Right. We are already at the end March of 2017! January 01st feels like 3 days ago.

The more I think about it, the more confused I am. What exactly do I even mean when I say I want to “get it right”?

This morning at 4:30am the buzz of my phone woke me up because I’d gotten a few message. At first I ignored it, then decided to see who had written to me at that time of the night. It was one of my nieces who is currently living and working in North Carolina. She’s in her late 20s. I have a decent relationship with her, not too much contact, but we like each other and I get regular updates about her from her father. The last time we saw each other, he told me that she had met a few new (German) people whom she liked. The wife is taking an online nutrition coaching course which got my niece inspired to get back to her original and constant passion: nutrition and fitness. She has a regular job in a company which flew her there and pretty much gave her all the benefits she would have in Germany. Good going! And even though she is doing very well, we all know she’s not passionate about that job or company. And she is a “searcher” (what do you expect, she’s my niece!).

Her recorded letter was in response to a longer email I had recently written to her after hearing the latest from her father. I saw a familiar picture that can go either way: dreams, motivation, youth, freedom (not yet married with children, if ever), visions of a bright future, hope to do what you love. The result of remaining loyal to yourself on this path is what I mean by “getting it right”. I so much want her and so many young people to get it right. A passion of my own has, for a long time, been to be the cheerleader, the voice of encouragement and reminder that keeps them on track. I know young women and men who are admiringly skipping along their personal road to inner freedom and connection. It’s not always an easy road, but they are loyal and they work hard. Most of all they have an ability to know when to say yes or no, where and when to take a turn. What they don’t do is get off track. Some know their goal, others know the path but not the goal. It’s wonderful to watch. And it’s just as sad to witness those who are lost or frightened or thrown obstacles or boundaries which limits their freedom to remain loyal.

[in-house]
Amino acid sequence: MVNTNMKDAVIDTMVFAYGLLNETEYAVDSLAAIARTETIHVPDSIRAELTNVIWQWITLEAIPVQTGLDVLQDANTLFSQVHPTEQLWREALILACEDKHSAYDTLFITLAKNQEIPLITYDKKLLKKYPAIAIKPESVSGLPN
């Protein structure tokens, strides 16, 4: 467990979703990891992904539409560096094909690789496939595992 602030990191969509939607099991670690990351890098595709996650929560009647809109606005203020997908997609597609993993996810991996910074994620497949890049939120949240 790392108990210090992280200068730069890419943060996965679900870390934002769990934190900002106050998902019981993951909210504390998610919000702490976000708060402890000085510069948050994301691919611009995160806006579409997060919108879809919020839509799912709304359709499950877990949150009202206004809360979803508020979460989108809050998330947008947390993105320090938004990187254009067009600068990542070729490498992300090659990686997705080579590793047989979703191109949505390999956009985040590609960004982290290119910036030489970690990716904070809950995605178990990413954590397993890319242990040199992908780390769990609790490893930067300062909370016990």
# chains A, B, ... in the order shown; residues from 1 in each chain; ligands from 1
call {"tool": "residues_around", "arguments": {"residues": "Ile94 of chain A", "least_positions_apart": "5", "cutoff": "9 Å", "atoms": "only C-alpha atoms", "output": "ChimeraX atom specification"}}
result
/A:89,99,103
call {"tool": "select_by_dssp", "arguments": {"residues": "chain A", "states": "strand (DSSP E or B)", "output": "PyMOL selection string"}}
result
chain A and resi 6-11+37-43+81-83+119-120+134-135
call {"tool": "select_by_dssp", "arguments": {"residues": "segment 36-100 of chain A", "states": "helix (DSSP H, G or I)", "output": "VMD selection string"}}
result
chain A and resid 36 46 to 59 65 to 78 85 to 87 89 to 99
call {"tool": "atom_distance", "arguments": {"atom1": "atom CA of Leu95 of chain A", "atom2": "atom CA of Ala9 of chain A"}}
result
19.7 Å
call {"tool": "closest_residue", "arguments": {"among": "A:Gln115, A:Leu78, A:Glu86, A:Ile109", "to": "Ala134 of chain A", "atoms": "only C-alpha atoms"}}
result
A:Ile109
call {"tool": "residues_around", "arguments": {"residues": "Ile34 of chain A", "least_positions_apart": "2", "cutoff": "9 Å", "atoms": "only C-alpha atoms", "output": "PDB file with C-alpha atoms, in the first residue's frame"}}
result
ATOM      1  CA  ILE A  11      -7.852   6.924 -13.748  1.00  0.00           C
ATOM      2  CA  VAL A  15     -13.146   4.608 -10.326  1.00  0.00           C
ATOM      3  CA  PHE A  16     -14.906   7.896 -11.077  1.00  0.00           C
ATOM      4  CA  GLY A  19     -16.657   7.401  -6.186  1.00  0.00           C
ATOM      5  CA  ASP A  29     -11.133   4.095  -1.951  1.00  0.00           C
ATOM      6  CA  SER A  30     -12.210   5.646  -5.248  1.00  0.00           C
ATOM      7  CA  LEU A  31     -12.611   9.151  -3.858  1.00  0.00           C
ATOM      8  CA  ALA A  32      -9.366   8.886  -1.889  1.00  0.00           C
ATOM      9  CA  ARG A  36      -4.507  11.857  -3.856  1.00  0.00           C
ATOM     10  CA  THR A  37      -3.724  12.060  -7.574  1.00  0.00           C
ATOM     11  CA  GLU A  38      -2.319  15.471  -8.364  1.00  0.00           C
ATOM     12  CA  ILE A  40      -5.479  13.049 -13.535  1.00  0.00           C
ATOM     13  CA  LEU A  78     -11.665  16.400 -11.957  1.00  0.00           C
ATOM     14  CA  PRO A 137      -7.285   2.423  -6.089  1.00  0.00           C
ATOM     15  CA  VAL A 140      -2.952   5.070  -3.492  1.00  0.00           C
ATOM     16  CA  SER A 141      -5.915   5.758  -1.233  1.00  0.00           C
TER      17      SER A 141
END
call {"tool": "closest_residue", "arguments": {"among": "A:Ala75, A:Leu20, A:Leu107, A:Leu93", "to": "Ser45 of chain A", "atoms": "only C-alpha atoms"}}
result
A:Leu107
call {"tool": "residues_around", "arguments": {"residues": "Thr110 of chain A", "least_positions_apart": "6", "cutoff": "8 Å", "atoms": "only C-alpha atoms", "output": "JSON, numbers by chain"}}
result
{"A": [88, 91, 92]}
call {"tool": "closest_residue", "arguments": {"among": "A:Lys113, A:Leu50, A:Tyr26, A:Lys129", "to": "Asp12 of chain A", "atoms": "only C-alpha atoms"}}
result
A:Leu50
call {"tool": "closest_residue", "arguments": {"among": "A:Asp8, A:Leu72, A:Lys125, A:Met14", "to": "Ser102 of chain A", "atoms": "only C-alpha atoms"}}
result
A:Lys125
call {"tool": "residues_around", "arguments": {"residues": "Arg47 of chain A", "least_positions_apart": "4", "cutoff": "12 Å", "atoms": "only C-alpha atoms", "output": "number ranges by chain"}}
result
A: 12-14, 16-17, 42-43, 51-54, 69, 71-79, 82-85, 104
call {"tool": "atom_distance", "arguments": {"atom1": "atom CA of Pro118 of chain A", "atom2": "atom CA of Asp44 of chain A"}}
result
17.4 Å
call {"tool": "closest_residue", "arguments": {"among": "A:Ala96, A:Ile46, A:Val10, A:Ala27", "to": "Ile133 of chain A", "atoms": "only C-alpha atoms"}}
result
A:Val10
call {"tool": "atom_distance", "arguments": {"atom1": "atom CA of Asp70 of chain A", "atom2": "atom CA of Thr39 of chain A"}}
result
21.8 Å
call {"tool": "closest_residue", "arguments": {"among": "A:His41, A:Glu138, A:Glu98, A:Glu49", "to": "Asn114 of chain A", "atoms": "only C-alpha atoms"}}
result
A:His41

I know another young woman in her late 20s whom I met when I was living and working with International students at a community college in the US. She is Japanese and studied there between the ages of 18 and 22. These 4 years not only changed her life, but completely changed her view of the place she grew up in. When she innocently returned to Japan carrying a bag full of experiences, friendships and hard learned but powerful lessons, the fire that burned inside slowly went out. She got married and had two children. She soon realized that because of the cultural difference she no longer could be the person she was when she lived in the US. There she had the freedom, was encouraged and “allowed” to be outgoing, to smile and say good morning to complete strangers. She was a strong and independent young woman whose ideas and personality were respected and given attention. She received feedback and this encouraged her to  grow like a flower. People were creative, individualistic, brave, free. No one really cared how she dressed. She even started playing in a band and when I went to watch her perform, I was in awe of the growth and confidence I witnessed. And now she tells me that all that is gone and remains a distant memory which fills her days with sadness. People give her strange looks or don’t react to her when she smiles and says good morning. No one cares what her ideas and dreams are, she is expected to be a good mother and to follow the rules set by her society. She is not able to tell or show why she is or feels different. In a recent letter to me she wrote: “I went to a Starbucks near the language school after the interview and there were many foreign visitors.  They looked happy. Of course they were…  I was sitting on the chair with the smallest table, and felt so tiny.”